When looking at the classification of massless particles, one finds that there is the (half-integer) quantum number "helicity" $h$. For every possible $h$ there is a certain particle kind. In the case of the $h=1$ representation it is the photon which we group together with the $h=-1$ rep (because of parity invariance of the electromagnetic interaction). So is the photon we use in the Standard Model actually a set of two distinct fundamental particles?
Well, it depends how you define "distinct fundamental particle".
If you insist that Wigner's classification is what defines a particle, i.e. "particle = irreducible unitary representation of the Lorentz/Poincare group", then the photon is two particles, as you say.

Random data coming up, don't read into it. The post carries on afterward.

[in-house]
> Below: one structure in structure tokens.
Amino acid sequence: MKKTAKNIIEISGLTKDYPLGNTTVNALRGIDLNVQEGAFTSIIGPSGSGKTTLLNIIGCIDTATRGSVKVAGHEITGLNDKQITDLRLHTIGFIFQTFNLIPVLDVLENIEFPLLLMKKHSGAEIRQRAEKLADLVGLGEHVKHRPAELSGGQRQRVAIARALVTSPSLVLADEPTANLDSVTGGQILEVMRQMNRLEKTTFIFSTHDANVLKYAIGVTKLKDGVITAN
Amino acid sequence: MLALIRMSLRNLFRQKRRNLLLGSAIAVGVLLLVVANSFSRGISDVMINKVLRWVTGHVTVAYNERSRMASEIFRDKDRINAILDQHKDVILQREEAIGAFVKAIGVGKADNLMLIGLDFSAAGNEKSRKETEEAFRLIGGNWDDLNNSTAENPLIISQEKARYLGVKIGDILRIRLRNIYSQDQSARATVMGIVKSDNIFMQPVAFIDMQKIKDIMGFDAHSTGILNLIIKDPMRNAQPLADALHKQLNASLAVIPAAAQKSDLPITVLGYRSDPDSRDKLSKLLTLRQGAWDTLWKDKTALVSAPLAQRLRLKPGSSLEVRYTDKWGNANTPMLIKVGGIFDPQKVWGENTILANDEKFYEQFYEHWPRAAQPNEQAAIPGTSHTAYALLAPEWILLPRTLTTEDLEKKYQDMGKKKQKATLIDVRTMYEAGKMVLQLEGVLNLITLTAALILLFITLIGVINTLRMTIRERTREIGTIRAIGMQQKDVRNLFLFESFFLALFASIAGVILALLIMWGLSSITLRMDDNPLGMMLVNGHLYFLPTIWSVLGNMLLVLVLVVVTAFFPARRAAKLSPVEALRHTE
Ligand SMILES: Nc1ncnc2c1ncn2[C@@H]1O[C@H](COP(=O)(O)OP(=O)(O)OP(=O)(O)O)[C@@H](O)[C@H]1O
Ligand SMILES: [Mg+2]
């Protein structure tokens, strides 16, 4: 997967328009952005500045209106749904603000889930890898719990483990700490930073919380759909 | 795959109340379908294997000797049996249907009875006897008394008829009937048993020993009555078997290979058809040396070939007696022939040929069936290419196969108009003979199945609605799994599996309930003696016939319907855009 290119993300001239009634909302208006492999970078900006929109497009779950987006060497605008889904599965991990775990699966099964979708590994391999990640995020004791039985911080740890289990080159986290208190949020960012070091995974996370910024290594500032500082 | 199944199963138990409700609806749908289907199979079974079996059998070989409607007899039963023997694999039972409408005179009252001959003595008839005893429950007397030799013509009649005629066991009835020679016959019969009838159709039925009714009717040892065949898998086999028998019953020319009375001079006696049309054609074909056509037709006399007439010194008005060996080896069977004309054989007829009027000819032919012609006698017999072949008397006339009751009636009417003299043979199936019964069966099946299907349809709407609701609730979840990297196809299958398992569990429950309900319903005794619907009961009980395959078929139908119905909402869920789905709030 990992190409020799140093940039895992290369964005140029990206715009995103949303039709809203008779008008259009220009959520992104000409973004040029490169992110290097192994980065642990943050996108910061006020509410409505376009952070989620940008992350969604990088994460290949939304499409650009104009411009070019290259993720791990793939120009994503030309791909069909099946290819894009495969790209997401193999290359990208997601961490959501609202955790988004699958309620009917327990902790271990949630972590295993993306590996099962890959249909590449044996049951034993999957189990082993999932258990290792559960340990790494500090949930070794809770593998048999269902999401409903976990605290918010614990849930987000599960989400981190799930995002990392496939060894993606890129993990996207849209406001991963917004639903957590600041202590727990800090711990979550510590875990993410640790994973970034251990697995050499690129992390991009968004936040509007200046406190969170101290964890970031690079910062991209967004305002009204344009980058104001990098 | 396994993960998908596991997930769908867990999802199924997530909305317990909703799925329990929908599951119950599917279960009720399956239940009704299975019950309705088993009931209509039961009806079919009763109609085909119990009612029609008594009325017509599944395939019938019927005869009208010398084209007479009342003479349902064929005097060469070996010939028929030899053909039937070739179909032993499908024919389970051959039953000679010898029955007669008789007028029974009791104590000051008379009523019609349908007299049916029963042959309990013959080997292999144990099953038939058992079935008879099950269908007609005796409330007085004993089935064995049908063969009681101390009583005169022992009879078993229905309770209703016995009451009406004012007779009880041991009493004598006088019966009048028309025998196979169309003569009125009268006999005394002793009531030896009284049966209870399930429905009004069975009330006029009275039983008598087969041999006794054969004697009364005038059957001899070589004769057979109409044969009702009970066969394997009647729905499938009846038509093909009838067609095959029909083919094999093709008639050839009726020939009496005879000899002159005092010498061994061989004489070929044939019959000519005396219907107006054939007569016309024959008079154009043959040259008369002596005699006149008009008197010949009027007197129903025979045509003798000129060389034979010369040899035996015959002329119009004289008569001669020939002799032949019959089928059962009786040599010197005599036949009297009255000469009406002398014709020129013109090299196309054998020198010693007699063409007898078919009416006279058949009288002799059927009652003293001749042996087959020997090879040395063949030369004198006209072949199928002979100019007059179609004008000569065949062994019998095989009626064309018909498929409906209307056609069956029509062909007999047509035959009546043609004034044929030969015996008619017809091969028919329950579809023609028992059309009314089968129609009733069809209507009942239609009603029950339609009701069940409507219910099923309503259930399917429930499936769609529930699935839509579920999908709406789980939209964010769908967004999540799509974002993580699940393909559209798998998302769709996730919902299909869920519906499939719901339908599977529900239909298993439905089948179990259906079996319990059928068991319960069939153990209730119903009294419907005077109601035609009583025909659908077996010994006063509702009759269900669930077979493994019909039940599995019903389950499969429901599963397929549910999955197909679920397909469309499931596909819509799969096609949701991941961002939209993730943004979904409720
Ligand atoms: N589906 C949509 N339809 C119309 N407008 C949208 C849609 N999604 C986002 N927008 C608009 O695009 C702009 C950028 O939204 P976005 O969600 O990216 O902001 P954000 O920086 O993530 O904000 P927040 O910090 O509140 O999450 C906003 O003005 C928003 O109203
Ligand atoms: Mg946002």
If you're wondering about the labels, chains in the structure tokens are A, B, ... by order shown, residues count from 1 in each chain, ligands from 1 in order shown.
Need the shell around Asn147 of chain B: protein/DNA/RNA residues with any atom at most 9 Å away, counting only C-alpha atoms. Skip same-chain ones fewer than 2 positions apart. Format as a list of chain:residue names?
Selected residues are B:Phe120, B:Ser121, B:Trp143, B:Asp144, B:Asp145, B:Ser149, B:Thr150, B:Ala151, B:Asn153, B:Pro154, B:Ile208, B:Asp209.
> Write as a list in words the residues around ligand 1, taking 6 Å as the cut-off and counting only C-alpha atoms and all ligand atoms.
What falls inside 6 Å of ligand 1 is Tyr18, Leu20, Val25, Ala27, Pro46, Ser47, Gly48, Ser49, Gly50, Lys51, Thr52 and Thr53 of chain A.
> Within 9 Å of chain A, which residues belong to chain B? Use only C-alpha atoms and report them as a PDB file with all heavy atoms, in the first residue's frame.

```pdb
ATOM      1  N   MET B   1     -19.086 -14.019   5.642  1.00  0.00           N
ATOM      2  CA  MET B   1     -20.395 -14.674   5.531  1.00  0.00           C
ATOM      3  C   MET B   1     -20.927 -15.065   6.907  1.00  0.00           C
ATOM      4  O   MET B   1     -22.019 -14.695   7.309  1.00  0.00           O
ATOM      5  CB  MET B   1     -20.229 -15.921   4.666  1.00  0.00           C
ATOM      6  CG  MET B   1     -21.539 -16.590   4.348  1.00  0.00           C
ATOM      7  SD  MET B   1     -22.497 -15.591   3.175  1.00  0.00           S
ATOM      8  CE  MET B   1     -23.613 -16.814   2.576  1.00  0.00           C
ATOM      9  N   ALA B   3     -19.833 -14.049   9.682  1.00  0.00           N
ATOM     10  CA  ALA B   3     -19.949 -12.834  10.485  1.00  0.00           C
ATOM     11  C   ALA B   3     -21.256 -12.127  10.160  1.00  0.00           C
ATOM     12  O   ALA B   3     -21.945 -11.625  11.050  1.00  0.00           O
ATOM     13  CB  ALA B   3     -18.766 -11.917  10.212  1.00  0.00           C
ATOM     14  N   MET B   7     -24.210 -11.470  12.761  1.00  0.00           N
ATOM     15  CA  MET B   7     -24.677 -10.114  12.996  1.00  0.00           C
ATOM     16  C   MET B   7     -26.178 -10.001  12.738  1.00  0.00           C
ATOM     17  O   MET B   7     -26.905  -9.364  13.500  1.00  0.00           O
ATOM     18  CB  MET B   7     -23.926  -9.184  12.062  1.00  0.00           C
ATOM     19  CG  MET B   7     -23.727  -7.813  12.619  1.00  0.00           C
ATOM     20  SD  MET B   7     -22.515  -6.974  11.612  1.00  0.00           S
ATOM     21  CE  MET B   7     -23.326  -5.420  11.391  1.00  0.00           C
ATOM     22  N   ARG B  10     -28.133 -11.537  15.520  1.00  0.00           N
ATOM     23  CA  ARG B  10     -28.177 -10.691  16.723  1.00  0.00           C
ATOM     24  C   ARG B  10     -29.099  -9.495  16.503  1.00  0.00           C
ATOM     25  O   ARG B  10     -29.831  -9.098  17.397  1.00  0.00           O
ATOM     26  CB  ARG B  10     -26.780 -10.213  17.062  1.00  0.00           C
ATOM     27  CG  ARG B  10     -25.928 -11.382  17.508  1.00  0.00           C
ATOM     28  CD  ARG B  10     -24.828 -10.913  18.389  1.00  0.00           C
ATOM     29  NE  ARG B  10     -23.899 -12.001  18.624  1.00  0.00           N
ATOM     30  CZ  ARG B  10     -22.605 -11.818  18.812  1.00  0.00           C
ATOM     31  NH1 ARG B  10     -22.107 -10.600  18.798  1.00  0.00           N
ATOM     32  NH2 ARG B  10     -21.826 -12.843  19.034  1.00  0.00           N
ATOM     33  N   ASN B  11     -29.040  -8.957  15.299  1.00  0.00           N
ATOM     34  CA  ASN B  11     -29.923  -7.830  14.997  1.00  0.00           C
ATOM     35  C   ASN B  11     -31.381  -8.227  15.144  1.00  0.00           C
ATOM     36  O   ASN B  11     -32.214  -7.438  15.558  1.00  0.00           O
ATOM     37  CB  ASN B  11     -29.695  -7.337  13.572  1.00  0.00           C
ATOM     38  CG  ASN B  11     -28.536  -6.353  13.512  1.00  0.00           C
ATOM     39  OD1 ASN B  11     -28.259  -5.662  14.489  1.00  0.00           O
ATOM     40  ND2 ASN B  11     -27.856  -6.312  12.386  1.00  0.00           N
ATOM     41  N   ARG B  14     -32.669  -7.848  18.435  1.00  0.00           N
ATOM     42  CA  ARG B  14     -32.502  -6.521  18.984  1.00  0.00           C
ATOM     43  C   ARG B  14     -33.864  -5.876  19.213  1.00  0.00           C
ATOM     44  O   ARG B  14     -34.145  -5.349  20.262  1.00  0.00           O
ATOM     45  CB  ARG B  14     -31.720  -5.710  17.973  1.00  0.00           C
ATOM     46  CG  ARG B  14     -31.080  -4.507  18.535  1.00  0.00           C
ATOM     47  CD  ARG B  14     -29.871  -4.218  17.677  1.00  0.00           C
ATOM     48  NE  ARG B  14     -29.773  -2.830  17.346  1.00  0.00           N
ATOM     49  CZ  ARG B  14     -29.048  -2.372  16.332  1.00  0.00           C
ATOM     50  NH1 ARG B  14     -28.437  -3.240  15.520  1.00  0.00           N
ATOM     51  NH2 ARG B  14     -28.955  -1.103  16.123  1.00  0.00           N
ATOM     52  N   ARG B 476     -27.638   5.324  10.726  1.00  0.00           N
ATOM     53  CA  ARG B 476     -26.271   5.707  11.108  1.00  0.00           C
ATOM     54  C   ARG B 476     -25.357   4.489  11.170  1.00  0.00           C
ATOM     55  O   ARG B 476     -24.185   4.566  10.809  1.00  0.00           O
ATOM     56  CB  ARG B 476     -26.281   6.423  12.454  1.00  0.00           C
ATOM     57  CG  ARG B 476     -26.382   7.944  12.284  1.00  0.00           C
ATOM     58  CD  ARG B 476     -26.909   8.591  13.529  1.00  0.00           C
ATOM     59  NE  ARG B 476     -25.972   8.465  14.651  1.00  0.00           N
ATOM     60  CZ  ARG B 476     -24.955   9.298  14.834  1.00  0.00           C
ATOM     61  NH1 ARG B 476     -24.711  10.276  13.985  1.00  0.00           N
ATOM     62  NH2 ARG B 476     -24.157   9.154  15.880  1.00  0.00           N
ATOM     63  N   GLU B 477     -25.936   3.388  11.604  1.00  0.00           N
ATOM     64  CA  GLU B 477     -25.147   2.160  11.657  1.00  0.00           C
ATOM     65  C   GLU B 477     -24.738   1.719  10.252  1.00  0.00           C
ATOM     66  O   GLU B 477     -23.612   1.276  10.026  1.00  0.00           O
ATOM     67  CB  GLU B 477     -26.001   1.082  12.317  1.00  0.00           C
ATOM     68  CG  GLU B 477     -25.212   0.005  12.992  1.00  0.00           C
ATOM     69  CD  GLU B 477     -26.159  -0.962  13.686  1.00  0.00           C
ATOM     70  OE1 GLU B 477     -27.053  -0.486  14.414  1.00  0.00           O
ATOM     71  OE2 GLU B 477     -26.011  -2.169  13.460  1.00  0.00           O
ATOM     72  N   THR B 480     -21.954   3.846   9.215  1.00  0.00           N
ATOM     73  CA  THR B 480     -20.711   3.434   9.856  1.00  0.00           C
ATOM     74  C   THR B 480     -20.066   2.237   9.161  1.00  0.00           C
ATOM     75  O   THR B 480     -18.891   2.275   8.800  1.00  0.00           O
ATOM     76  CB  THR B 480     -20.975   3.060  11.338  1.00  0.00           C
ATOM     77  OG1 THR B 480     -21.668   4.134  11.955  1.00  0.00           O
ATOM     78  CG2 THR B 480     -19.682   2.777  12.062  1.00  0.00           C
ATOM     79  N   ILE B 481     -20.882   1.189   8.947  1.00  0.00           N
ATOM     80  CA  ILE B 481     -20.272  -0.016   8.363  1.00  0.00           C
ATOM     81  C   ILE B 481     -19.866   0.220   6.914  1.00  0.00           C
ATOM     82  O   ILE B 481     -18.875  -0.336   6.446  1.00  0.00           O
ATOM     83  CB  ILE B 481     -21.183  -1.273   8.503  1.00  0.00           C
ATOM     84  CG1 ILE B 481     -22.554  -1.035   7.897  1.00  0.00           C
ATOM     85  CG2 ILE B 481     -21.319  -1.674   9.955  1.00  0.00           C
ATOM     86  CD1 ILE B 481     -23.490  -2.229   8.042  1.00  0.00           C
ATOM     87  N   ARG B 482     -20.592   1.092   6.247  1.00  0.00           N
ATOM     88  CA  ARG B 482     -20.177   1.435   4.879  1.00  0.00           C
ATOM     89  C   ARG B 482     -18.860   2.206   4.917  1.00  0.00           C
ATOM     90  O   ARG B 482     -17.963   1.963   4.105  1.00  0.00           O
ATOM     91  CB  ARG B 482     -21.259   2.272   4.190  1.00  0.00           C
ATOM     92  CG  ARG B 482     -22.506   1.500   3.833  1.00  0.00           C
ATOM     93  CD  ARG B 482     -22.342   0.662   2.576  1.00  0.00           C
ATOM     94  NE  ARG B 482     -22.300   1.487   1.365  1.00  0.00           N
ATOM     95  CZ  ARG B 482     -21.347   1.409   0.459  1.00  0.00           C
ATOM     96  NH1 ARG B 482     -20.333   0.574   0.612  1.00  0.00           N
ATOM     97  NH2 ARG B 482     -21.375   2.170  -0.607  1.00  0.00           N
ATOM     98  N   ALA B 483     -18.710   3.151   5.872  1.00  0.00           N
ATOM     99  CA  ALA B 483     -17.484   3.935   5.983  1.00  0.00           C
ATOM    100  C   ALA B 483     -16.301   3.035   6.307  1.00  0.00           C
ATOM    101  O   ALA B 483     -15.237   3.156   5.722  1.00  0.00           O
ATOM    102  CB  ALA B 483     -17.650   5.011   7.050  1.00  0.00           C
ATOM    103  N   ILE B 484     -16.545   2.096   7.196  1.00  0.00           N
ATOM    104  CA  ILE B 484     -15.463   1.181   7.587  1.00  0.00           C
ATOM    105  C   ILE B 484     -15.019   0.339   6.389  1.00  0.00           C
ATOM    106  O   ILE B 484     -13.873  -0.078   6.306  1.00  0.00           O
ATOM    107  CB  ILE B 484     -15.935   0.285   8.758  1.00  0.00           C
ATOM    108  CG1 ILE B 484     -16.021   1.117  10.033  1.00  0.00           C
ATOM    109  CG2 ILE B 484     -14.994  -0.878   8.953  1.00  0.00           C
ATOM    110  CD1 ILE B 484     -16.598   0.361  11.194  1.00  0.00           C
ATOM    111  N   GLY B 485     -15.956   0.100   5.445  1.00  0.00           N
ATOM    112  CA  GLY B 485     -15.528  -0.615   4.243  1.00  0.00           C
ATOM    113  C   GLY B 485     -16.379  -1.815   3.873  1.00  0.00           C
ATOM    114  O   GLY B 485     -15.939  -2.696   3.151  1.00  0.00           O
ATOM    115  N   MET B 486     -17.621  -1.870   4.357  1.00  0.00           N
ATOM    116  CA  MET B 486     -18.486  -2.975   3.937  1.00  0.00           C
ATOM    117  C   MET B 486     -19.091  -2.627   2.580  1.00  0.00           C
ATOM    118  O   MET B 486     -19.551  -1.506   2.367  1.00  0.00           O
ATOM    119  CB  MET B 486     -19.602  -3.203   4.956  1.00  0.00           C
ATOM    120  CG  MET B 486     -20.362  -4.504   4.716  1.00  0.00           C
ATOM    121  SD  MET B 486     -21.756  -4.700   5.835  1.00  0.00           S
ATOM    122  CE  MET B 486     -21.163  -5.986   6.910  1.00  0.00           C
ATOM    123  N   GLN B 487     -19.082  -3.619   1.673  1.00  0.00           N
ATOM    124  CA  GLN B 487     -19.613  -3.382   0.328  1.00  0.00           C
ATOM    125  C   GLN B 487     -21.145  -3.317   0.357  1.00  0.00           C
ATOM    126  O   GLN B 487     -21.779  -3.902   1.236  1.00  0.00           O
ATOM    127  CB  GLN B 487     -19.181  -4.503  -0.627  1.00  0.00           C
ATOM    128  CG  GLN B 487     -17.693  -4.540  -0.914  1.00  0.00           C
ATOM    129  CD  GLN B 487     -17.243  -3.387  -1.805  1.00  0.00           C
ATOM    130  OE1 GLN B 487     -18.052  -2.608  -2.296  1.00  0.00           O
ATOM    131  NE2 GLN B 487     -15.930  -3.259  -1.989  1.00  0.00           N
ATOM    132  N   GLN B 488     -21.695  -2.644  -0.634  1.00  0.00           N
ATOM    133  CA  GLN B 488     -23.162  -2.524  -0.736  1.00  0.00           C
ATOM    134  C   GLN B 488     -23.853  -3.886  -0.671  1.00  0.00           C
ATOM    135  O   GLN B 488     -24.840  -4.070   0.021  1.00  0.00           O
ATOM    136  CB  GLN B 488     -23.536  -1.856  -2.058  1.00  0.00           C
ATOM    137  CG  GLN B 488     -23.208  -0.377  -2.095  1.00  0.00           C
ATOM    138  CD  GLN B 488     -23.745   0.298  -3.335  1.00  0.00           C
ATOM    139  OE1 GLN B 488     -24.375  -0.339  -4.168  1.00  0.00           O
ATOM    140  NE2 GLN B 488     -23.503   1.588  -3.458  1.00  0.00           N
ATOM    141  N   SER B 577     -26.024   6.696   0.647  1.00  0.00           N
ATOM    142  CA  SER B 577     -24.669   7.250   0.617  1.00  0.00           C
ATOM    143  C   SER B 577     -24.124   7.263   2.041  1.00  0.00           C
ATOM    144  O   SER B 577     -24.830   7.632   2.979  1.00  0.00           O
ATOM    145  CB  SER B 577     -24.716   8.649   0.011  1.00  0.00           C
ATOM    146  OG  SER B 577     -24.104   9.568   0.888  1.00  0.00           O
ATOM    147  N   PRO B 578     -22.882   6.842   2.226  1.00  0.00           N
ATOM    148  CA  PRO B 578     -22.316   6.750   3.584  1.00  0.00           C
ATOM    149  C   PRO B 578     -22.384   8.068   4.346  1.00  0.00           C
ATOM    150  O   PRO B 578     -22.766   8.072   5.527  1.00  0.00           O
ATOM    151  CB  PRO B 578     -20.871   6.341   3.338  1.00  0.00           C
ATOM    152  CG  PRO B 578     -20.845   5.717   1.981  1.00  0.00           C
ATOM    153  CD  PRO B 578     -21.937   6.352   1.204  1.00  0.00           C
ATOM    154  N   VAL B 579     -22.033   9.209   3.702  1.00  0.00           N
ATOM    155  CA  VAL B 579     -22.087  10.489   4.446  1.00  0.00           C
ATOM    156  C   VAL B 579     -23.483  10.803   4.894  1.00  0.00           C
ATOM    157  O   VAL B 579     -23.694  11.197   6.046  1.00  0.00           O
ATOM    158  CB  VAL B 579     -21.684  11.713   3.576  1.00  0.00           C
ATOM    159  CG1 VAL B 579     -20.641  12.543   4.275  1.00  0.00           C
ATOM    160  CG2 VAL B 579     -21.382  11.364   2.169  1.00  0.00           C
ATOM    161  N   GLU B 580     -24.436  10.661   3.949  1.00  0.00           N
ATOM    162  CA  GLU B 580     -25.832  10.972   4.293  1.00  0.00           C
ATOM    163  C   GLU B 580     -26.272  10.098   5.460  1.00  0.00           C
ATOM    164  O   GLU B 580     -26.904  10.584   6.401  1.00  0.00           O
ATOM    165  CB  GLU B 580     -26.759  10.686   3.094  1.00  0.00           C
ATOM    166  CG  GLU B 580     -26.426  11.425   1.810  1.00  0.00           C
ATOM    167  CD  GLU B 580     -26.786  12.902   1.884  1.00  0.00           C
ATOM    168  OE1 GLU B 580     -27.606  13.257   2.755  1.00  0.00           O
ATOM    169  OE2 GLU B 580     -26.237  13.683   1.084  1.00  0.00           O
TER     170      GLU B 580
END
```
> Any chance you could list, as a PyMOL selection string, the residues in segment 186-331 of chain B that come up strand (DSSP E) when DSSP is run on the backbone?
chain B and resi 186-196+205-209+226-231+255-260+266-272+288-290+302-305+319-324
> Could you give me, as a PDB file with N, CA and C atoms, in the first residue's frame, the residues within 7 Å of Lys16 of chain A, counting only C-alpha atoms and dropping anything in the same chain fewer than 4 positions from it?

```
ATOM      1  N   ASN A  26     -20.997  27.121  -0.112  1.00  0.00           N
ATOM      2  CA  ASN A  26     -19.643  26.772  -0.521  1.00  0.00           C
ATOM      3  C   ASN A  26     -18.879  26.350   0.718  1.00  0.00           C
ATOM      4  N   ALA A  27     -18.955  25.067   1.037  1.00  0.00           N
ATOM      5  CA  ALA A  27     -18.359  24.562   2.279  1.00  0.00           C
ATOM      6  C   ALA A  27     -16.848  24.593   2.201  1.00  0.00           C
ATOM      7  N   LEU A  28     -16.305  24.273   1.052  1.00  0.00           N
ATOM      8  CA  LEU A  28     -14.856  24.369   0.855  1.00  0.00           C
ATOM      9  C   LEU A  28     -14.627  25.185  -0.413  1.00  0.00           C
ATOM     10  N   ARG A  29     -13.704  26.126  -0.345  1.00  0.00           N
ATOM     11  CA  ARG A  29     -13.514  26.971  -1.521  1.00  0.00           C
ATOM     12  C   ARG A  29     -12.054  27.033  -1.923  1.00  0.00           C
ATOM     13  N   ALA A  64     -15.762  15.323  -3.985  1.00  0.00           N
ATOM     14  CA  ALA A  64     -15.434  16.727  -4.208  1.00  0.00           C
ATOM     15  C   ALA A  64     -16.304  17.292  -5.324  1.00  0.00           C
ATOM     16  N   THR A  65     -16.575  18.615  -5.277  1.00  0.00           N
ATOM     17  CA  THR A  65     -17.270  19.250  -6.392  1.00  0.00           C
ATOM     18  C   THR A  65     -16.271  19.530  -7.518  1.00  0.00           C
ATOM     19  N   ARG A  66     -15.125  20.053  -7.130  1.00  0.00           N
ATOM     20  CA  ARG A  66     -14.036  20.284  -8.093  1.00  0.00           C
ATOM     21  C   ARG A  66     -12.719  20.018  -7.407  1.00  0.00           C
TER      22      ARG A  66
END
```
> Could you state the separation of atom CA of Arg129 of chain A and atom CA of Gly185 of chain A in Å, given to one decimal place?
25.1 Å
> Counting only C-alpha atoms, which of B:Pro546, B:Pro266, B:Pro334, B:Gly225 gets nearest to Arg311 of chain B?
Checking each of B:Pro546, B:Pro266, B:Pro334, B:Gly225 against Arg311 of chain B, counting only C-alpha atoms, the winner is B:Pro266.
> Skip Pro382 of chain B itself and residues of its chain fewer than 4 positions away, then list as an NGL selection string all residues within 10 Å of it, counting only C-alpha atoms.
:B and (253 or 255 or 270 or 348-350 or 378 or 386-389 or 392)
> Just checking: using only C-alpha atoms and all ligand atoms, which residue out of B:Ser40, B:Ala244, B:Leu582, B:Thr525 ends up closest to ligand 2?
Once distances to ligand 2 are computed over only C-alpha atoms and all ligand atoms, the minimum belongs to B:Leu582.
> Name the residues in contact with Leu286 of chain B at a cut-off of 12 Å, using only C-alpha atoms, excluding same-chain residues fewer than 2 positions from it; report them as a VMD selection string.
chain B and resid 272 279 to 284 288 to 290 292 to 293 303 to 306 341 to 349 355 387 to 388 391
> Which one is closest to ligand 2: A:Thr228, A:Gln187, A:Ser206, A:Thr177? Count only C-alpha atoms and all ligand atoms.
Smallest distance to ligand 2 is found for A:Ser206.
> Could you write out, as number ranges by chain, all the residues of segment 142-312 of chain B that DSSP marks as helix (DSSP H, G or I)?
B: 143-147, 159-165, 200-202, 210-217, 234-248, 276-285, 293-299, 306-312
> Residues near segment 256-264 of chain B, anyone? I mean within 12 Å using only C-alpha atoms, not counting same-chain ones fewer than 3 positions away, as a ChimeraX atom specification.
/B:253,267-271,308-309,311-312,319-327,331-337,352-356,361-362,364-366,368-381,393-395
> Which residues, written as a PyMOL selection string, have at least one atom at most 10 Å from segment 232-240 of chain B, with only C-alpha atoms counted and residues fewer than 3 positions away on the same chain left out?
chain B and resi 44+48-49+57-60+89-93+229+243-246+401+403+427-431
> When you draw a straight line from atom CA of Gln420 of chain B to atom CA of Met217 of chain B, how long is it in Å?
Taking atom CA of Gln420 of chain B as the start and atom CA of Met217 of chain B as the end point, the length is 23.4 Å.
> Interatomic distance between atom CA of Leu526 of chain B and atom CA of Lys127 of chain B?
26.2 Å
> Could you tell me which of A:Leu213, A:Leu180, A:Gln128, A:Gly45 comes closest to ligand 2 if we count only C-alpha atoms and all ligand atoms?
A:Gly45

But, more commonly, we do not look at the particles like this - particles arise as the states created by the modes of a free quantum field, and to every field there corresponds a particle. The photon (with either helicity) is the quantum of the electromagnetic gauge field.
Since nothing distinguishes the "two photons" except for helicity, to say that there are two distinct photons is probably more confusing than helpful.